My first official of my Cuba Trip 2024 has begun.

It took awhile to get here but I had finally arrived in downtown Havana.

It was a 40 minute taxi ride coming from the airport and I really regret not learning Spanish as I really would have loved to have a conversation with my cabbie instead of just sitting there in silence watching the city go by.

That has to be goal #1 before I head to Central or South America again.

Do I need to know Spanish to get by?   No, of course not.   Plenty of people speak English and with Google Translate in the palm of your hand, there’s always ways to communicate.

I just really want to be able to have an authentic conversation in Spanish.

My casa

Now, you may have noticed that I’ve called the place I’m staying at both a hostel and a casa.   In Cuba, there really aren’t any hostels.

There’s are dozens, if not hundreds, of places to stay for tourists that are called casa particulares.   It’s kind of a cross between a hostel and a Airbnb.

You’re staying in someone’s home but with multiple people in multiple rooms.

The place I’m staying at here in Havana, Club 58, is located right in the edge of the old part of Havana near the waterfront (or Malecon).

Out of the four different casas I’ll be staying at on this trip, this one is probably the most like a hostel as any.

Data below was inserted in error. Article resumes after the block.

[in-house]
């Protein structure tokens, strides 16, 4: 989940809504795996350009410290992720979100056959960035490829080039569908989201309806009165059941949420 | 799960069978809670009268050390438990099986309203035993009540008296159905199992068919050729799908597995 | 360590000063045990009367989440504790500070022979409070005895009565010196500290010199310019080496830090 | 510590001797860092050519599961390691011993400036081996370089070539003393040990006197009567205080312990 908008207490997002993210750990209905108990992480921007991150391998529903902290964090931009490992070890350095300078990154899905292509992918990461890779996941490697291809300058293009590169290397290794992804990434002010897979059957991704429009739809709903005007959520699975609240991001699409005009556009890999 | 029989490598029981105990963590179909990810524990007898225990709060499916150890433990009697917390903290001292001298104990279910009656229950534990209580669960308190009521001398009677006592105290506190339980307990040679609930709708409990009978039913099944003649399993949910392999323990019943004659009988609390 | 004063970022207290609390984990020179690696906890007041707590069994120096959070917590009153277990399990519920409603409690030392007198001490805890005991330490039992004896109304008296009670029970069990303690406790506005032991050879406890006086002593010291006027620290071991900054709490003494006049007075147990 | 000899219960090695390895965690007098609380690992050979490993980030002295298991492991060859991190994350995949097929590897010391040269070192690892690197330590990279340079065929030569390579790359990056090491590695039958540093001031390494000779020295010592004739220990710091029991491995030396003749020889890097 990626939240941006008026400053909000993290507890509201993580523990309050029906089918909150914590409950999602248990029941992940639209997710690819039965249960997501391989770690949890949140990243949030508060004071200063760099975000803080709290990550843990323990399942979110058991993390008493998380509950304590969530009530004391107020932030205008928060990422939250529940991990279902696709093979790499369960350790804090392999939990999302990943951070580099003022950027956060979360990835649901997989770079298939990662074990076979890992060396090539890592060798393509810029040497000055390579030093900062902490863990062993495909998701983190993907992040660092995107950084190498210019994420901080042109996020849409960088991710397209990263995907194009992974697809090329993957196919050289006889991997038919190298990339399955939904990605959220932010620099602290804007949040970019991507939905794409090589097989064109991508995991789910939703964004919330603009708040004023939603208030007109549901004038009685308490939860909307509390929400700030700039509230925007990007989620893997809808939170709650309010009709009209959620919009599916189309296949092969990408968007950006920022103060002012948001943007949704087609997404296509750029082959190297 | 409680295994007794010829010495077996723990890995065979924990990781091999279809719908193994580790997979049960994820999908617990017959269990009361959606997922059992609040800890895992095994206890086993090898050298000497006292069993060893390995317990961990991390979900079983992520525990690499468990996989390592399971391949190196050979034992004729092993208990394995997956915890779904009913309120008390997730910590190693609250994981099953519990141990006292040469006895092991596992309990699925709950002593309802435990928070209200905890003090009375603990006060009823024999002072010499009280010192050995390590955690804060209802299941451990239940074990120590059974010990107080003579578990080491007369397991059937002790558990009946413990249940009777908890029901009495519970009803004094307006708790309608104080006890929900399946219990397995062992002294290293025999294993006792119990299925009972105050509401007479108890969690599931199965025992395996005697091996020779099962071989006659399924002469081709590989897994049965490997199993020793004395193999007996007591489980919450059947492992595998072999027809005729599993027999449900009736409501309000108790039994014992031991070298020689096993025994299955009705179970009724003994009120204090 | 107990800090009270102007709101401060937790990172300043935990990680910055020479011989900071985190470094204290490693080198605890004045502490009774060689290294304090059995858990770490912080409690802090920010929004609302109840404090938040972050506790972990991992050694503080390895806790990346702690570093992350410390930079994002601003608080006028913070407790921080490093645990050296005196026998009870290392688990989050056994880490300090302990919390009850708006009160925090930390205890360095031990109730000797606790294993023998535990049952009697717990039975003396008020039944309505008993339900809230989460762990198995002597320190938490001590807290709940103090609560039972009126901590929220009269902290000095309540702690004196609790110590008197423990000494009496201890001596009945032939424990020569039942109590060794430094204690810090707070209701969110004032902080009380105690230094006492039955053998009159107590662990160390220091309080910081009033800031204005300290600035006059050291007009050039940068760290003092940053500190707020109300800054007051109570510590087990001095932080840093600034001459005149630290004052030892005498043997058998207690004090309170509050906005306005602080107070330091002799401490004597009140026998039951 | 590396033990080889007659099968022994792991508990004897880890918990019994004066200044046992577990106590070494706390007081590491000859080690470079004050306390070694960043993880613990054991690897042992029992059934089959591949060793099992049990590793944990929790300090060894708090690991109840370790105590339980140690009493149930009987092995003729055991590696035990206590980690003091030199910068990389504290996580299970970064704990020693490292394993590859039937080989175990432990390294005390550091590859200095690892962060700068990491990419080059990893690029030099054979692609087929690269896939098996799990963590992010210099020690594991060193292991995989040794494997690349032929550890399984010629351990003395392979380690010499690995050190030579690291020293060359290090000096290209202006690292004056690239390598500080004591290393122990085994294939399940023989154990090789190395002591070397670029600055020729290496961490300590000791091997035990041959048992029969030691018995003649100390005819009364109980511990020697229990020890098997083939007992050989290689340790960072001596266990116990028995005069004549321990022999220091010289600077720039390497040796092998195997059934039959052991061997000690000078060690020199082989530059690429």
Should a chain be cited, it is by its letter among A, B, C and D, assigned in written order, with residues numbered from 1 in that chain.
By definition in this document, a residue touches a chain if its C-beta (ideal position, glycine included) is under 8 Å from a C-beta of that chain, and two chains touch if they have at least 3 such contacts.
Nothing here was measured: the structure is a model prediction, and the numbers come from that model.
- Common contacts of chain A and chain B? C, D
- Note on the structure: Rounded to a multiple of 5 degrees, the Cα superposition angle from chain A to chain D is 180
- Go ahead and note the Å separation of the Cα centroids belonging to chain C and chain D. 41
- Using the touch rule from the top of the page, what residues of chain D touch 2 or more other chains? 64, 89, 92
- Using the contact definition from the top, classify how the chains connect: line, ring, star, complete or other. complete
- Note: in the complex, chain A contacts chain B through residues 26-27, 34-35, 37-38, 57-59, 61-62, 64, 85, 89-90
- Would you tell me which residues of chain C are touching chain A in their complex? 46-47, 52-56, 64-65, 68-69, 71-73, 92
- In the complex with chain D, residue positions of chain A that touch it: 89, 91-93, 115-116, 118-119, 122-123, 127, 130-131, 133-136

It has multiple dorm rooms and with a front desk, it has a hostel feel to it.

The place is $10usd a night including breakfast.

One thing I noticed while checking in was the abundance of mosquitos flying around.   This was something I was totally unprepared for and I actually starting scratching my legs as I was going through the checkin process.

I was staying in a small room with 3 other people and, boy, was it humid in there.   There was a loud dehumidifier on full blast and an aircon unit on the wall turned off.

I asked my roomie if it worked and he said it was broken.

All good, man.   This was expected.   This was Cuba.

Oh yeah, there also weren’t any towels, no soap in the bathroom and no toilet seat.

Viva Cuba!

Out and about

After I had gotten settled, despite being up for 22 hours at this point, I had realized the obvious.

There was no way I was going to be taking a nap right now in that hot muggy room.

As I had entered the hostel, I had noticed a nice breeze coming off the waterfront just outside the front entrance.

I just wanted to sit there for awhile I cool off.

And, now, I had a big smile on my face.

I was here.   I was exploring a country I had long wanted to explore and I was just sitting here without a care in the world.

I went down the street to a small nondescript store that Dalia, the woman at the front desk, had told me would sell mosquito spray.

Sure enough, amongst all the bottles of rum, there was a shelf with different goods for sale and one of them was the coveted mosquito spray.


It was now 3:30 in the afternoon and, I don’t know if I had previously mentioned, but I was starving.

In the last 24 hours I had only eaten a couple of hotdogs and I was ready for a real plate of food.

There are two different ways you can experience Cuban cuisine.

You can live on the peso food which is cheap food like pizzas or hamburgers.   There are dozens of places scattered around the city with small menu boards hanging outside their window.   You go up to the window, order the food, and eat it on the go.

Think of it as drive through windows but walking instead.

Anyway, this is where you get the cheap stuff but, of course, it ain’t that good.   We’re talking pizza as tomato sauce on toast topped with melted cheese.